Time-series of area of perennial sea ice extent in March of each year estimated by the Drift-Age Model (with a fifth-order regression) and observed by QuikSCAT satellite scatterometer within the model domain. In each year, the model result was an average over March, and the satellite observation was on the spring equinox (21 March).

4. Discussion

[14] Sea ice dynamics observed in the animation of QSCAT daily maps of sea ice from November 2006 to March 2007 (Animation 1) indicates that perennial ice curved around the Beaufort Sea and the Bering Sea toward the Transpolar Drift (TD), loading ice into the TD. This ice dynamic pattern was verified, for example, by the drift track of Argos buoy 5317 in the Beaufort Sea (Figure 2). The TD transports sea ice from the East Arctic to the West Arctic Ocean over the Fram Basin across the North Pole, resulting in ice export out of Fram Strait [Weatherly and Walsh, 1996]. The map of the TD, approximately along the drift tracks of IMB buoys 2006D and 2006E (Figure 2), and other surface currents in the Arctic Ocean have been published elsewhere [Loeng et al., 2005; Rigor et al., 2002]. On the other side of the TD, Animation 1 also revealed the push of perennial ice from north of Franz Josef Land and Spitsbergen toward the TD. The loading of perennial ice into the TD from both sides enhanced the capacity of the TD to transport ice through Fram Strait in the east of Greenland to lower latitudes where the ice was melted by warm Atlantic waters.

[15] The elongated and narrow feature of mixed and perennial ice, stretching along the east side of the North Land (Severnaya Zemlya) between the Kara Sea and the Laptev Sea in the East Arctic, detached from the coast, and drifted toward the TD while shifting pole-ward toward the West Arctic as observed in Animation 1. Consistent with the pole-ward shift of the ice pack toward the West Arctic, ice drift tracks of IMB buoys 2006D and 2006E (Figure 2) revealed such ice migration, confirming QSCAT observations.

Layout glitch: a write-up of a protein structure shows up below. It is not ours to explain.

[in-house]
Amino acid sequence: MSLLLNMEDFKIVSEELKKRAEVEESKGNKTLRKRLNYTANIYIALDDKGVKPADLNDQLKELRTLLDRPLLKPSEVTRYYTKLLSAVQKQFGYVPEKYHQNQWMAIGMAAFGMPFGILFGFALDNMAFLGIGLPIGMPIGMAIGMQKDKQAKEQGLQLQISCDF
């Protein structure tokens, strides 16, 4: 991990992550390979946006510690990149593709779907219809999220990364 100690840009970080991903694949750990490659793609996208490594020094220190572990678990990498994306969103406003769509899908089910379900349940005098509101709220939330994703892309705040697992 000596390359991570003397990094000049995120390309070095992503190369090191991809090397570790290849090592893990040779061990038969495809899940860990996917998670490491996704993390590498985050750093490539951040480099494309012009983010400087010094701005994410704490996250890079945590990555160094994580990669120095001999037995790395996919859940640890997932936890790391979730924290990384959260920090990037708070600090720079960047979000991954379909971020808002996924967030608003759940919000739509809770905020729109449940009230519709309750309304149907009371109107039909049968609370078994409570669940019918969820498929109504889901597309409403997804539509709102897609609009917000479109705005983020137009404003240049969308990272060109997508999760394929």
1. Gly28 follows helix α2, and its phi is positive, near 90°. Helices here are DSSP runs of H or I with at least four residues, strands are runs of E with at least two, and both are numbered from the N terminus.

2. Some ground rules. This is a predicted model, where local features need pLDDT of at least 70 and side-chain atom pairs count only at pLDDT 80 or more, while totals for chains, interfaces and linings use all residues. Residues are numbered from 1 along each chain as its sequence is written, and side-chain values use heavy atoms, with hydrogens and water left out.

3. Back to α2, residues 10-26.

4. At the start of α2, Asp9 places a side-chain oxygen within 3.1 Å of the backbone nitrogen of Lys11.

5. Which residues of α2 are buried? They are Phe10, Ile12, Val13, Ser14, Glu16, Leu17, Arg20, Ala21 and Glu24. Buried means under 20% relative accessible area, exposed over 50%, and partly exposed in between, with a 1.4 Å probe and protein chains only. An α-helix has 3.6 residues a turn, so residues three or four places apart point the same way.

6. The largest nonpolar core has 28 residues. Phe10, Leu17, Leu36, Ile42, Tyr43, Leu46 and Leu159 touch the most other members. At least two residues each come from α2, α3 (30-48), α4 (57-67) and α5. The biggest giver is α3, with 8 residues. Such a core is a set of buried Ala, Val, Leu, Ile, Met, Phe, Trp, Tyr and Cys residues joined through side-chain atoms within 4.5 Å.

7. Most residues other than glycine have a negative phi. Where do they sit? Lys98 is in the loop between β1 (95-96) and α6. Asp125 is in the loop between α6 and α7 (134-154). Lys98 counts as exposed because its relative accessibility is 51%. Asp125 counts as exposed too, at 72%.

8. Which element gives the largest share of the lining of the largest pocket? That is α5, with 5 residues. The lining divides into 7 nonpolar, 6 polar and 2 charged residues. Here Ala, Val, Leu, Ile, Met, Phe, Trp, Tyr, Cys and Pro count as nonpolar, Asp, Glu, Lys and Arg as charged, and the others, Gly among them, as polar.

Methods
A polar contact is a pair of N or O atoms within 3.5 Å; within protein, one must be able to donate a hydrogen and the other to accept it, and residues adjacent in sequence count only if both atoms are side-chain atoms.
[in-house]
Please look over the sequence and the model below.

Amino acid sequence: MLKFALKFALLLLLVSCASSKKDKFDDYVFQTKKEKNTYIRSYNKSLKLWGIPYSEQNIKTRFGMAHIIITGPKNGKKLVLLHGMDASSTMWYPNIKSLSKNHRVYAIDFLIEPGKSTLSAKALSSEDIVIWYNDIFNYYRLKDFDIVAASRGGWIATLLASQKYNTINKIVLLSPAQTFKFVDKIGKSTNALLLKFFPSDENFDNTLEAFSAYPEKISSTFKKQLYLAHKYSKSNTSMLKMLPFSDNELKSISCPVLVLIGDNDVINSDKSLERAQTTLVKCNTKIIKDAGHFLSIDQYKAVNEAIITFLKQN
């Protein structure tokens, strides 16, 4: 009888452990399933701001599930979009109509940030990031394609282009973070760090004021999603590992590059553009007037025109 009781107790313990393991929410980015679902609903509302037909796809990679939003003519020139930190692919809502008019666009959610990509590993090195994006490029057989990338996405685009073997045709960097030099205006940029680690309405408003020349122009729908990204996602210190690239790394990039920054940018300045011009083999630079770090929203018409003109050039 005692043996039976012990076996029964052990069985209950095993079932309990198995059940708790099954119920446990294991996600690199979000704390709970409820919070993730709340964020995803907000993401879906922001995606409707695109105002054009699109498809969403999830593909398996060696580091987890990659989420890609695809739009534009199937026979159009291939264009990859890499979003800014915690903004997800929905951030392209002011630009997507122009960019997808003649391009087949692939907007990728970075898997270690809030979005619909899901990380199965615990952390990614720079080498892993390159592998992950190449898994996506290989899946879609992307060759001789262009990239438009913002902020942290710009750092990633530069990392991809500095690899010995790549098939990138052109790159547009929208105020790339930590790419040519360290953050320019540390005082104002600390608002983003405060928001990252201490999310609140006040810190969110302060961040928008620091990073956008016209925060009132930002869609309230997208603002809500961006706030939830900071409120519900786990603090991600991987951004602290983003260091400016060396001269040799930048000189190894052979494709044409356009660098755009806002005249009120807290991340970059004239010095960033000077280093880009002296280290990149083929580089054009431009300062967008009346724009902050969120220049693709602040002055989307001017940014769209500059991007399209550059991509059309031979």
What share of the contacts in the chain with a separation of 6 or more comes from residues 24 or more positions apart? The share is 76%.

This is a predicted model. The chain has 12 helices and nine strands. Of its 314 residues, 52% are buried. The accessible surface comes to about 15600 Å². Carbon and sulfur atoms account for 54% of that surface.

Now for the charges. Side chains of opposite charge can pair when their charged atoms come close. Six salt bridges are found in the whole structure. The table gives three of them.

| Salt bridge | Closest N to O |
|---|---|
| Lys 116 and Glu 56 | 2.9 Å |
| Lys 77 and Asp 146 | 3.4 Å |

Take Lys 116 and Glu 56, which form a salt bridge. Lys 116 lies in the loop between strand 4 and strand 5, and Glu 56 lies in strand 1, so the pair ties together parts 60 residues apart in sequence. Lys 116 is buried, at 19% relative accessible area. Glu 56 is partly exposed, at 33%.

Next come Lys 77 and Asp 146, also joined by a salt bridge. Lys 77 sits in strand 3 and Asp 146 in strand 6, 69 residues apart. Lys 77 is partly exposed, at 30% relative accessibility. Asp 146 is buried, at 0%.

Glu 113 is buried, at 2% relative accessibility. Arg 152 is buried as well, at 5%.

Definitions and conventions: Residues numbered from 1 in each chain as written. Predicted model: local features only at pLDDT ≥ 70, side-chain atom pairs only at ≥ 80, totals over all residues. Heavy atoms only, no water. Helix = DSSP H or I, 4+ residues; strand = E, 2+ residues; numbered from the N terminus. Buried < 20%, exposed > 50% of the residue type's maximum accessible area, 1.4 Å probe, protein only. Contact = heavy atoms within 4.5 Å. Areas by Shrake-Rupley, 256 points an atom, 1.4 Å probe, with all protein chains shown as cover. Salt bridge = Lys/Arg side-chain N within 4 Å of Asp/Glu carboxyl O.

[16] Results from IMB buoy 2006B showed its drift from its deployed location near the North Pole in late April 2006 and then rapidly moving from its September location out of Fram Strait to the final position at 78.173°N and 1.351°W when it was lost on 30 January 2007 (Figure 2). In January 2007, the buoy drifted from a location at 82.880°N and 6.052°E to its final place, crossing a flux gate spanning 400 km across Fram Strait at about 81°N [Kwok and Rothrock, 1999]. This buoy drift covered a distance of 531 km with an average drift speed of about 17.7 km per day. Given the broad correlation length scale for sea ice motion, the estimated ice extent loss was 0.21 × 106 km2, consisting mostly of perennial ice as observed from Animation 1. This buoy estimate compares well with the perennial ice loss of 0.19 × 106 km2 calculated from QSCAT data for January 2007. The ice loss in January 2007 was also consistent with a northerly wind anomaly of as much as 5 m · s−1, double the January wind averaged over 50 years from the National Centers for Environmental Prediction (NCEP) reanalysis. The loading and enhancement of the TD had occurred with a much more pronounced short-term effect in September 2005 causing an abrupt ice loss via Fram Strait [Nghiem et al., 2006a, 2006b]. The TD transport of ice in 2005 was accelerated by a strong northerly wind anomaly in September 2005 observed in data from the NCEP reanalysis over the past 50 years along the Greenland Sea [Nghiem et al., 2006b]. On the two different sides of the TD, a pronounced atmospheric low pressure over the Barents Sea, in concert with a strong high pressure over the Canadian Basin, set up the wind anomaly [Nghiem et al., 2006b]. These atmospheric anomalies loaded ice into the TD and accelerated the TD like a runaway train carrying ice out of the Arctic, noted here as the ‘Polar Express’ (PE).